You cannot expect accurate results because the basic units of these ESC/P commands depend on the printer. For example, 9-pin printers often used a basic line spacing of 1/216 inch (1/3 * 1/72), while 24-pin printers used 1/360 inch (1/5 * 1/72) instead. For the horizontal direction, the spacing may be anything from 1/60 inch to 1/360 inch, and it is printer-dependent which command selects which density. 24-pin printers often support triple and/or quadruple density modes which are completely non-standard.

So, show us the ESC/P codes in your programs and the printer they have been written for and we may be able to help you.

  • will copy escape code sequences and show soon. In the meantime the Commented May 9, 2017 at 23:01
  • Original printer 24-pin Panasonic, and more recently Epson color 600Q Commented May 9, 2017 at 23:02
  • have jpeg of escape codes used - how do I get it to you Commented May 9, 2017 at 23:43
  • Just add it to your question.
    – Janka
    Commented May 9, 2017 at 23:57
  • jpeg added to original question ( I think) Commented May 10, 2017 at 0:31

There is a nice (commercial, but relatively cheap) program called QPCPrint that does on-the-fly translation from Epson ESC/P escape codes received on a virtual LPT port to whatever modern printer you might have connected to your PC. This program allows you to leave the programs that were built to print to Epson printers completely unchanged and print to a modern printer.

  • My browser tells me the link is broken.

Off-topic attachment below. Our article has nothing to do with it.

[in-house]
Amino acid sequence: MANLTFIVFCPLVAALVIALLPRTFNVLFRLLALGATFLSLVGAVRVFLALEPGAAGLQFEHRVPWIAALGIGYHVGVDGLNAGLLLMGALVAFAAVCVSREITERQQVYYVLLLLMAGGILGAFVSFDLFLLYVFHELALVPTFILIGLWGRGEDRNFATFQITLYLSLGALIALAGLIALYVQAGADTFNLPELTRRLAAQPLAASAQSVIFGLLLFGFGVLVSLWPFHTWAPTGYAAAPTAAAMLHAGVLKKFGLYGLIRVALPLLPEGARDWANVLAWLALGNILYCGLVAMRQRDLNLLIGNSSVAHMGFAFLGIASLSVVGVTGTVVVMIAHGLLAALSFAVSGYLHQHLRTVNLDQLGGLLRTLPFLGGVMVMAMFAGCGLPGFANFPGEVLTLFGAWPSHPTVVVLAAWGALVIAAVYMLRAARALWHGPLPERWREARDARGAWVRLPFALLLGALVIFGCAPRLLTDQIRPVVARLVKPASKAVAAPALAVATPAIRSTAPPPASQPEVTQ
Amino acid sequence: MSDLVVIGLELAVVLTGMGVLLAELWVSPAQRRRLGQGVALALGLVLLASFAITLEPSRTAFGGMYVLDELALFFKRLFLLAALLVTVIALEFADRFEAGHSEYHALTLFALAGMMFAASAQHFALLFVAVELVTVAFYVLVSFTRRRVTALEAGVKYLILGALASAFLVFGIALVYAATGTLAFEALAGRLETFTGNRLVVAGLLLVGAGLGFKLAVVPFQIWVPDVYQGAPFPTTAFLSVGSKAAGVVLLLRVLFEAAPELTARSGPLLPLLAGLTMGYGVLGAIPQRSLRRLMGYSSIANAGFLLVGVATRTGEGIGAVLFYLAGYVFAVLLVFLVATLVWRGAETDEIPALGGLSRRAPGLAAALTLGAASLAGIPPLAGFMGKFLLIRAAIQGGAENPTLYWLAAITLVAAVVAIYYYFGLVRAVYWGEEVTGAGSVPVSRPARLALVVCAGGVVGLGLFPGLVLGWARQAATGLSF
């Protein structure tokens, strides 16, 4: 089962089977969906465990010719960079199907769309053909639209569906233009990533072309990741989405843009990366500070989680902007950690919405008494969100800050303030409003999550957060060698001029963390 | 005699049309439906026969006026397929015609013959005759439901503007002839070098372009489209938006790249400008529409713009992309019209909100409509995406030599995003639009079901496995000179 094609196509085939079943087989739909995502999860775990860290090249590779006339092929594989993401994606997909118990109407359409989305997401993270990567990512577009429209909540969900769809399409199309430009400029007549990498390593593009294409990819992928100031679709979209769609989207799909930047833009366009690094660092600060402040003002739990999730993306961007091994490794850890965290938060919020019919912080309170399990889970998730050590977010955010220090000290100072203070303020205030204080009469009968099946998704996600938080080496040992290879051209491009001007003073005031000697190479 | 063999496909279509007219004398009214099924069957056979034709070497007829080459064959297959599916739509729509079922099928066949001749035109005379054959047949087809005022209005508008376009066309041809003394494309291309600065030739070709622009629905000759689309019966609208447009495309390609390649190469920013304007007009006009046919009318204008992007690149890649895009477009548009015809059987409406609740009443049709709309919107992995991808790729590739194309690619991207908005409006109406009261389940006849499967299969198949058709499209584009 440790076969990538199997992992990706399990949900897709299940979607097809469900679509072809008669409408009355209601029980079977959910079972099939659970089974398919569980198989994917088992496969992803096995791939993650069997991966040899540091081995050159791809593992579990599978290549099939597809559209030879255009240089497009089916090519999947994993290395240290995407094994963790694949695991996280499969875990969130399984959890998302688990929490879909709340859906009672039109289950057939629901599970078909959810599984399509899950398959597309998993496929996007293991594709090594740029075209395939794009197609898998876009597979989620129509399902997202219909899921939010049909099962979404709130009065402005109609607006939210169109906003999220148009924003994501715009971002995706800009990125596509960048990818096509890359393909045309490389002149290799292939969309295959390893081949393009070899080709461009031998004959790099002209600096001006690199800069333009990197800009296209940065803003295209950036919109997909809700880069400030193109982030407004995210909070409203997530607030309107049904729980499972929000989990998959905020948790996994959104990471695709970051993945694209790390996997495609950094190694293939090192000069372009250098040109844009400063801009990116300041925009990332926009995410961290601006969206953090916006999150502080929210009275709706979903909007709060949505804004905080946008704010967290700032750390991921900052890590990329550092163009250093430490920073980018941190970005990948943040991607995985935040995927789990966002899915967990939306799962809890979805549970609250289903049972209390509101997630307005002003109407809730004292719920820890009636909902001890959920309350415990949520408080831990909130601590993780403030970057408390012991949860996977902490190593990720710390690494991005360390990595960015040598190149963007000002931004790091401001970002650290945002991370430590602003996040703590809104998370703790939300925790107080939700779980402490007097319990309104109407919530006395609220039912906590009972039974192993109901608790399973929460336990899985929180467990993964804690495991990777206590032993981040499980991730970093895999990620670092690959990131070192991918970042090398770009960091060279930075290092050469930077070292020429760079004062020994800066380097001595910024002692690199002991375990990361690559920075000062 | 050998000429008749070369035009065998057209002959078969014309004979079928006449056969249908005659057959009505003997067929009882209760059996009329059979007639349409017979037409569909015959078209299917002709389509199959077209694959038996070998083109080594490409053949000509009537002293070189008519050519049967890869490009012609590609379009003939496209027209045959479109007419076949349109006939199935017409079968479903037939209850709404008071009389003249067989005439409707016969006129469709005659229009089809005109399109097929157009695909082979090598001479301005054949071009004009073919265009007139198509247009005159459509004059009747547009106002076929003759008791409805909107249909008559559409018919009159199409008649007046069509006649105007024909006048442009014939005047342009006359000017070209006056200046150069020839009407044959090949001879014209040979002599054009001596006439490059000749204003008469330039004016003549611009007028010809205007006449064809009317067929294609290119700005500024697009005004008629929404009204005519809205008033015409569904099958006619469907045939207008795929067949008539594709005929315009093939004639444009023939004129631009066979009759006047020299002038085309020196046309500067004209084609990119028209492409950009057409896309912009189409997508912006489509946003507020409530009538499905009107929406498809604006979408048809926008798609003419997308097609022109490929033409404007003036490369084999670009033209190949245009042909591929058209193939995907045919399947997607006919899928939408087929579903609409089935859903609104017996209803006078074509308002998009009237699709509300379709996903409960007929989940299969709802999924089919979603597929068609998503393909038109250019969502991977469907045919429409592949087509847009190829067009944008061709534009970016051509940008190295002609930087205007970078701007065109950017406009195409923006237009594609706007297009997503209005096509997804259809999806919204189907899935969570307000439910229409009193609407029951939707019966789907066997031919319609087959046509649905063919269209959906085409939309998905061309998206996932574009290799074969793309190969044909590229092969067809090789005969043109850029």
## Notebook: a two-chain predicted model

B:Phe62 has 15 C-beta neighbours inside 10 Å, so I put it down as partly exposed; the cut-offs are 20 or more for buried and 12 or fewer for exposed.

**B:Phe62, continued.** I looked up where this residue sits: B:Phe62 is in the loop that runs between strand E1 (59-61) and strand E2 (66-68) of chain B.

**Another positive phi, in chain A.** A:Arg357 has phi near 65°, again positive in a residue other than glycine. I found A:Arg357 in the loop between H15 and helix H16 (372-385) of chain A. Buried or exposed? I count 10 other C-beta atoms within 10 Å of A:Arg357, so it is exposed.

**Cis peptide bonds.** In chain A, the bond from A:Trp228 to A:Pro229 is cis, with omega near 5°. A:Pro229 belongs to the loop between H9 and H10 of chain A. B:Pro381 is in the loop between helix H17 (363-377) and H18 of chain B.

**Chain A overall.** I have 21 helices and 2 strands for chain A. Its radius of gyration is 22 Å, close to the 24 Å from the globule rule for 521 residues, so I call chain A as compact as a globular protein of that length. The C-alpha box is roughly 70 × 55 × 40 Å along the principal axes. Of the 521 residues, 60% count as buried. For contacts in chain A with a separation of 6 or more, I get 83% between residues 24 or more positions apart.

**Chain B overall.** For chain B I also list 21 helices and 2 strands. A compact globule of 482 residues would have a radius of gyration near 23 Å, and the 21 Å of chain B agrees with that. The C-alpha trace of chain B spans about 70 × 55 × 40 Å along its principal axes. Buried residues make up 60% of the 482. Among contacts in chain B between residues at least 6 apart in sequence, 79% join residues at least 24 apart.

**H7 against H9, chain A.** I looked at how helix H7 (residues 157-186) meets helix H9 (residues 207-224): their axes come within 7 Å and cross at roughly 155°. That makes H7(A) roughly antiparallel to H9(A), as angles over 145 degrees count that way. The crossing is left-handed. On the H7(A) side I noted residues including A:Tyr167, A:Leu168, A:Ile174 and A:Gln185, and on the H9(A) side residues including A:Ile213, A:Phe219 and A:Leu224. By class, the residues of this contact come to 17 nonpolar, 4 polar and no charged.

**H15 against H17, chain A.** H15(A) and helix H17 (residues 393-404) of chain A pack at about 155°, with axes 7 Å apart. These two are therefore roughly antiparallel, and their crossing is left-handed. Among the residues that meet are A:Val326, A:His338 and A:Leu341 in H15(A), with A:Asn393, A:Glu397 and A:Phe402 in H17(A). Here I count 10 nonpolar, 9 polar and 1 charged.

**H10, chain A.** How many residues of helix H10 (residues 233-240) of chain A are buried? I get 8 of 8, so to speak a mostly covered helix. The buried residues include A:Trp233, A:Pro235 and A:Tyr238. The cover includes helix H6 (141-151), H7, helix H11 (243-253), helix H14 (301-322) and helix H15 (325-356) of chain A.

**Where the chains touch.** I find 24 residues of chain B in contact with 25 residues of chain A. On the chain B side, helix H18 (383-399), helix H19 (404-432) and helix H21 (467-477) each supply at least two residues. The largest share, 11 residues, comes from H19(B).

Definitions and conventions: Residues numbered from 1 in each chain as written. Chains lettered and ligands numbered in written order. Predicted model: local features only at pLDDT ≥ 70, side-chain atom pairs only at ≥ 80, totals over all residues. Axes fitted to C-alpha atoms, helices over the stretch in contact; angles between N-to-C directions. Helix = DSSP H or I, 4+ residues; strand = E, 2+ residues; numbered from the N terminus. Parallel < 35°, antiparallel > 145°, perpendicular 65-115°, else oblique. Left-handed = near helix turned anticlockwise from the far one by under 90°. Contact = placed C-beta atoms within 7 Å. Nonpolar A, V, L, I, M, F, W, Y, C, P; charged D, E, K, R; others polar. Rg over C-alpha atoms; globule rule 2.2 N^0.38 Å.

– JeremyP
    Commented May 10, 2017 at 8:23
  • @JeremyP Funny. Works here.
    – tofro
    Commented May 10, 2017 at 8:29
  • sounds great - will investigate -- mny thks Commented May 10, 2017 at 17:31

Some other Windows versions that have not been suggested. SwIt Printfil Printfil site I couldn't get Printfil to work for my Epson esc files, the graphics didn't render correctly no matter what I did. Too bad because it will capture printer ports and create an archive of PDFs.

I also worked with DosPrinter DosPrinter it came as part of vDOSBox and was effective at converting my files to a Windows printer output. Unfortunately, the built in PDF converter didn't render the graphics as well as using a Windows printer or XPS writter.

The QPCPrint demo worked quite well, wish it had a built in PDF converter.


Converting the programs depends on

  1. what platform you want to run the programs on;

  2. how much of the Epson command set you depended on.

If you were doing fancy formatting relying on fixed width fonts and tabbing, that kind of formatting has mostly gone away. But if you're just doing bold and maybe centring, then outputting to HTML could be an option. The Epson's bold on/off could easily be replicated with HTML's <strong> … </strong> markup, for example.

If you're looking for a converter, epsonps is a basic Epson to PostScript filter. While it's limited it does have the advantage of being developed while dot-matrix printers were a thing, so it makes an attempt to handle most input gracefully.

You must log in to answer this question.

Not the answer you're looking for? Browse other questions tagged .